There has been a lot of talk this year about El Niño, but what is it and is it really to blame for everything going on in the weather? Some people say it brings heavy rain, some drought and others blame it for tornadoes. Is it really to blame for any of these events? Is there anything else besides weather associated with El Niño?
So what exactly is El Niño? It is a warm band of water in the Pacific Ocean found just north of the equator, between South America and Australia. Occurring when trade winds weaken causing warm water to move east, this happens about every two to seven years and can last nine months or longer. Fishermen in South America tended to notice it around December and named it after the Christ Child. The warm water is actually bad for this trade as the anchovies caught there prefer cold water.
Not all El Niños are the same. Some are much stronger than others. The one occuring now, is considered very strong. Ocean temperatures are higher than most El Niño years. In the graphic below, you can see the very warm water to the west of South America.
Sea surface temperature anomalies on Nov. 12, 2015. Image: NOAA
El Niño can enhance certain conditions. Let's talk about the good, the bad and the ugly occurring right now.
Have you heard of the "super bloom" happening in Death Valley? Mostly known for the extreme temperatures, every year the desert blooms. Wildflower seeds rest in the sand waiting for just the right amount of moisture to wake them up. This year, the situation has been enhanced by El Niño and there has been more rain than normal. Strong storms and flash floods occurred last fall and in a place that normally gets 2 inches annually, some storms dropped up to 3 inches in a few hours. The desert is now a valley of flowers.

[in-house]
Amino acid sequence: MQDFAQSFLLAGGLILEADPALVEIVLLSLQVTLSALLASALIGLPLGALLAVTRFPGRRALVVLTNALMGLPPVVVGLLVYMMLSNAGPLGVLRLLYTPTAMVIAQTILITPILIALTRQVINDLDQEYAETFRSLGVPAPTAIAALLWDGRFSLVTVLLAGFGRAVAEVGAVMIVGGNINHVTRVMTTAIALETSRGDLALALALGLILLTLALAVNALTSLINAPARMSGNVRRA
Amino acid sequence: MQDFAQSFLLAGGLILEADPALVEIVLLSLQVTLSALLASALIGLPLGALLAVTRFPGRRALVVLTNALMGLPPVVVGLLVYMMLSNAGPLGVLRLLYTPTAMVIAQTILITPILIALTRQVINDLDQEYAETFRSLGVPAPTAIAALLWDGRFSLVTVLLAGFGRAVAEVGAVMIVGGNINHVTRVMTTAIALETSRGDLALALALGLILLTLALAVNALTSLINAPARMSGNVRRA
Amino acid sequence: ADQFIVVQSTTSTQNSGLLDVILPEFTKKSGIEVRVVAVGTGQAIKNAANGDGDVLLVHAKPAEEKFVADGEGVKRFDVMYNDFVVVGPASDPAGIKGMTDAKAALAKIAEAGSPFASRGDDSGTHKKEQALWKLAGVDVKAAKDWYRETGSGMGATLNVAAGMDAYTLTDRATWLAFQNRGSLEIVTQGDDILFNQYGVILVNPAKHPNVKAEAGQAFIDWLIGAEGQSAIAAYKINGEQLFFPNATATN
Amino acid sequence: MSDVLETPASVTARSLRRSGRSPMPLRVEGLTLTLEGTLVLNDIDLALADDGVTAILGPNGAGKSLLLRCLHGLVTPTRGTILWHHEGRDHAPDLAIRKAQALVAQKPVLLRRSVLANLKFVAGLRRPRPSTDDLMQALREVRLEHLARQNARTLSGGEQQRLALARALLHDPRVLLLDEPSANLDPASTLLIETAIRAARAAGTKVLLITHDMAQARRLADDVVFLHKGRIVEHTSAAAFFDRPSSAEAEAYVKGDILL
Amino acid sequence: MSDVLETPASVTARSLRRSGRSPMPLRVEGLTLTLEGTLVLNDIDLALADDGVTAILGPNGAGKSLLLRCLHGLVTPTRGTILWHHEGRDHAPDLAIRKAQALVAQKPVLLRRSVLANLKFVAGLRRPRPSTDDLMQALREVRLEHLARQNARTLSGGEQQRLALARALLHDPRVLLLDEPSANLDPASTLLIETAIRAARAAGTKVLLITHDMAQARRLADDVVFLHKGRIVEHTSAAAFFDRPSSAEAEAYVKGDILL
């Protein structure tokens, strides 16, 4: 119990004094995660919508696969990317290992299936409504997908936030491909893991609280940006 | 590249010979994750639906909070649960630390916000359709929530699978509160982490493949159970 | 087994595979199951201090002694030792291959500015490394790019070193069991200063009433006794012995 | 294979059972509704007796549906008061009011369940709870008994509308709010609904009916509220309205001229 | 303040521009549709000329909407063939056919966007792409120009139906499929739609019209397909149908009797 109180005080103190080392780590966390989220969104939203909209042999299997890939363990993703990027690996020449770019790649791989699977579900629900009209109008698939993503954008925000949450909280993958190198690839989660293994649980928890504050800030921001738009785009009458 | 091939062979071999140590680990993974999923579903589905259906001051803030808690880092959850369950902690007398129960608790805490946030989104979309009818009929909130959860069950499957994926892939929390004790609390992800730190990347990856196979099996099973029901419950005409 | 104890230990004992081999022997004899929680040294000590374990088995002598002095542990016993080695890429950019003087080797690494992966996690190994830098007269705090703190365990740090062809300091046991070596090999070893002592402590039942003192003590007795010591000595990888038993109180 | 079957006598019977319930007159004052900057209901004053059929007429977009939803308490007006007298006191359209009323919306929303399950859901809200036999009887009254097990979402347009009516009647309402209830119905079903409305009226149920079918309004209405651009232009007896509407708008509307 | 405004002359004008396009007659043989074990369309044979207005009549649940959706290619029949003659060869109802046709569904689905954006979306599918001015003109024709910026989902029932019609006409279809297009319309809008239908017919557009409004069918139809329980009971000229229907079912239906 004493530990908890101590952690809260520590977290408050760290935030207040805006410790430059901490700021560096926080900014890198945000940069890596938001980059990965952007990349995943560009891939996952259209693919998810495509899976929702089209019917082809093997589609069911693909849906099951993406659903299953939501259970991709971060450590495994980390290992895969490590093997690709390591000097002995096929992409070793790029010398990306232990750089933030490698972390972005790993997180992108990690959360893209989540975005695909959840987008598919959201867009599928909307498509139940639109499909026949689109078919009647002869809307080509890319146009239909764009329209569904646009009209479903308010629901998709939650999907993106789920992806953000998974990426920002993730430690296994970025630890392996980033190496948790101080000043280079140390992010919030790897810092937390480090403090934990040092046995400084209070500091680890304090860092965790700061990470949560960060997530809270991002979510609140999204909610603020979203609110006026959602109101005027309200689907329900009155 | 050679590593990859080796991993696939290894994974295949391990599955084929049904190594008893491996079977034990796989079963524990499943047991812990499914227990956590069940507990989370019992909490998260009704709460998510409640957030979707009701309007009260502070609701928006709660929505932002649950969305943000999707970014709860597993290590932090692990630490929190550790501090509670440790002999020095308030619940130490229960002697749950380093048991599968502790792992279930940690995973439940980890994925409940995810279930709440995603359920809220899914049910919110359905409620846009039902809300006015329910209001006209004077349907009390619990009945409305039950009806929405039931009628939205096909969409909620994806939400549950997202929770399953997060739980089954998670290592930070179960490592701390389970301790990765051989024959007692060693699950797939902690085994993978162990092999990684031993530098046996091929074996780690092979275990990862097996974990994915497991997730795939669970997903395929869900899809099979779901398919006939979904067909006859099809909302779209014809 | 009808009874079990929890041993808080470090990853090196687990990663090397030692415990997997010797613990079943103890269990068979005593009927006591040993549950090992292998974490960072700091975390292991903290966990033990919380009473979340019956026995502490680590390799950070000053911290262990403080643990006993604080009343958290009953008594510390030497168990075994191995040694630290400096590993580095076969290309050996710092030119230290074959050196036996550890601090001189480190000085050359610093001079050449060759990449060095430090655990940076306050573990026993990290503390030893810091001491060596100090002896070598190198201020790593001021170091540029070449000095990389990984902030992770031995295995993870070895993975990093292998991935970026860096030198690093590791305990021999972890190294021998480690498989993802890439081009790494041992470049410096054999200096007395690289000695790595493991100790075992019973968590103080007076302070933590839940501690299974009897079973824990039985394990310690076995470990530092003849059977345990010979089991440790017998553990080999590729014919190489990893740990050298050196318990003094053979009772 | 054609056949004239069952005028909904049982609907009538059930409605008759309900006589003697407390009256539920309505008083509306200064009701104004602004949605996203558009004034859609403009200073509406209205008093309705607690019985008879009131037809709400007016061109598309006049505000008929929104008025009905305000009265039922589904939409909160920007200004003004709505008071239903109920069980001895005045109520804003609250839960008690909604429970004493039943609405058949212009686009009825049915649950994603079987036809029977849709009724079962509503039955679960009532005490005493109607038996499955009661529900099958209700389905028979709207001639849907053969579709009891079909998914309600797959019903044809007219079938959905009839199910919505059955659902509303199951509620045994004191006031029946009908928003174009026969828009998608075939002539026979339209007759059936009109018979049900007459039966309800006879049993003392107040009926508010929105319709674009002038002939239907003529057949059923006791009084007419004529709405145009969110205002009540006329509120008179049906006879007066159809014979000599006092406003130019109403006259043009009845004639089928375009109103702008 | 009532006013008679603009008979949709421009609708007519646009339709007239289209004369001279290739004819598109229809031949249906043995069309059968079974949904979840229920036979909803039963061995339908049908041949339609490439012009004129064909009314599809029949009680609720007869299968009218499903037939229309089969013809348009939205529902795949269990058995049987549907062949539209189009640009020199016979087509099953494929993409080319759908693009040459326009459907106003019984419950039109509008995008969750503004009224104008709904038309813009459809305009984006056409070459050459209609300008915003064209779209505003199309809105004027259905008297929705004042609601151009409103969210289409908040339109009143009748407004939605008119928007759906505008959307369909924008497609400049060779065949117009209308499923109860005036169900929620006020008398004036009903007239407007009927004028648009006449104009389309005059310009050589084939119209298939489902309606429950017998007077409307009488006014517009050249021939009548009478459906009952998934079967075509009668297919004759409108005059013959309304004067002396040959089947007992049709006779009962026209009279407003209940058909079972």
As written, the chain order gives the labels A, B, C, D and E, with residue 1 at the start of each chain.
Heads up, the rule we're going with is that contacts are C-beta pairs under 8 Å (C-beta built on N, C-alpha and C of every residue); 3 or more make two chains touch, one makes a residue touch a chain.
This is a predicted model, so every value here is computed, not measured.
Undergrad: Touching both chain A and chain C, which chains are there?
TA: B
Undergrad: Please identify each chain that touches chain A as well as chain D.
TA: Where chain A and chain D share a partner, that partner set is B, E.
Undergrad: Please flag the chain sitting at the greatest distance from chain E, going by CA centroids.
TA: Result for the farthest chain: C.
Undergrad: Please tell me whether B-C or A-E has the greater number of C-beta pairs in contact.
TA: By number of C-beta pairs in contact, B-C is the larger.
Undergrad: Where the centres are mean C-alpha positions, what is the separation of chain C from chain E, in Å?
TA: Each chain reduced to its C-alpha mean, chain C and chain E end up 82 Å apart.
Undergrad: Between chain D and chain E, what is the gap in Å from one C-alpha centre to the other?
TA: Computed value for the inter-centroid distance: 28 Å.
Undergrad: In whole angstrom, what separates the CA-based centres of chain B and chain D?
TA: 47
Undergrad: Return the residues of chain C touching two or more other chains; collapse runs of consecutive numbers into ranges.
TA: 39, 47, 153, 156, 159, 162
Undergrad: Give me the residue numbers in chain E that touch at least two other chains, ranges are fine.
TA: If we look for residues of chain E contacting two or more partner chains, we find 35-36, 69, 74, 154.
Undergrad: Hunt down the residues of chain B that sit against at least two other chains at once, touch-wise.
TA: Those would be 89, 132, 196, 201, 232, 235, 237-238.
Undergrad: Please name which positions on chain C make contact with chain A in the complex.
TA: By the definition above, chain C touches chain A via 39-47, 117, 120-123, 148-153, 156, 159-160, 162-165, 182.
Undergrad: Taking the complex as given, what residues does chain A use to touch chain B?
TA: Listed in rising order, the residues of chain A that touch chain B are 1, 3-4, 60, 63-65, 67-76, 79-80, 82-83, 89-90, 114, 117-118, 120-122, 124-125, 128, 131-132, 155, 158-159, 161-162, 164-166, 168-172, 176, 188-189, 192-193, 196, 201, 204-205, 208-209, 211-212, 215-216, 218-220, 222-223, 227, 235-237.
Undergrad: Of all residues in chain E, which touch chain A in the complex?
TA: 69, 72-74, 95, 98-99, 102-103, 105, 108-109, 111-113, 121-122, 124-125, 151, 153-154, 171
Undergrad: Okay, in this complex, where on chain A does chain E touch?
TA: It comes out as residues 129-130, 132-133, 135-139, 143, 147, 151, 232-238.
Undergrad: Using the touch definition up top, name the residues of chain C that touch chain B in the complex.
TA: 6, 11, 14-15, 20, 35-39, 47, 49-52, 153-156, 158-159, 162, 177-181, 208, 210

Coral Reefs are amazing underwater structures alive with tiny animals. These are sometimes called "rain forests of the sea" and contain some of the most diverse ecosystems on Earth. They are very fragile and excessive warm water can stress them. El Niño and Climate Change have caused the ocean to be much warmer than normal. Known as Coral Bleaching, the reefs are basically dying off. Slow growing coral does not usually recover from this.
Thousands of dead birds have been washing up on the Alaskan shorelines. Known as common murres, an estimated 100,000 birds have starved and the number continues to grow. They are losing their food supply due to the warm ocean temperatures. The fish they eat will vacate the area if it becomes too hot or too cold. When you weigh 2 pounds and must eat 30% of your weight a day, the loss of fish can be devastating. Luckily, this is a small percentage of the approximately 2.8 million murres living in Alaska. Unfortunately, it's not only happening to birds. Reports are coming in showing that newborn sea lions are washing up on the South American coastline. Whales are also dying. They are all starving, as their food chain has been disrupted.
You may hear of floods or drought or tornadoes associated with El Niño. However, it is not possible to link specific weather or other events to this. Climate Change is also at work and it is hard to know which of these is affecting the weather. Maybe it is a combination, maybe not? Not all bad things occurring can be attributed to El Niño, but some conditions can definitely be enhanced.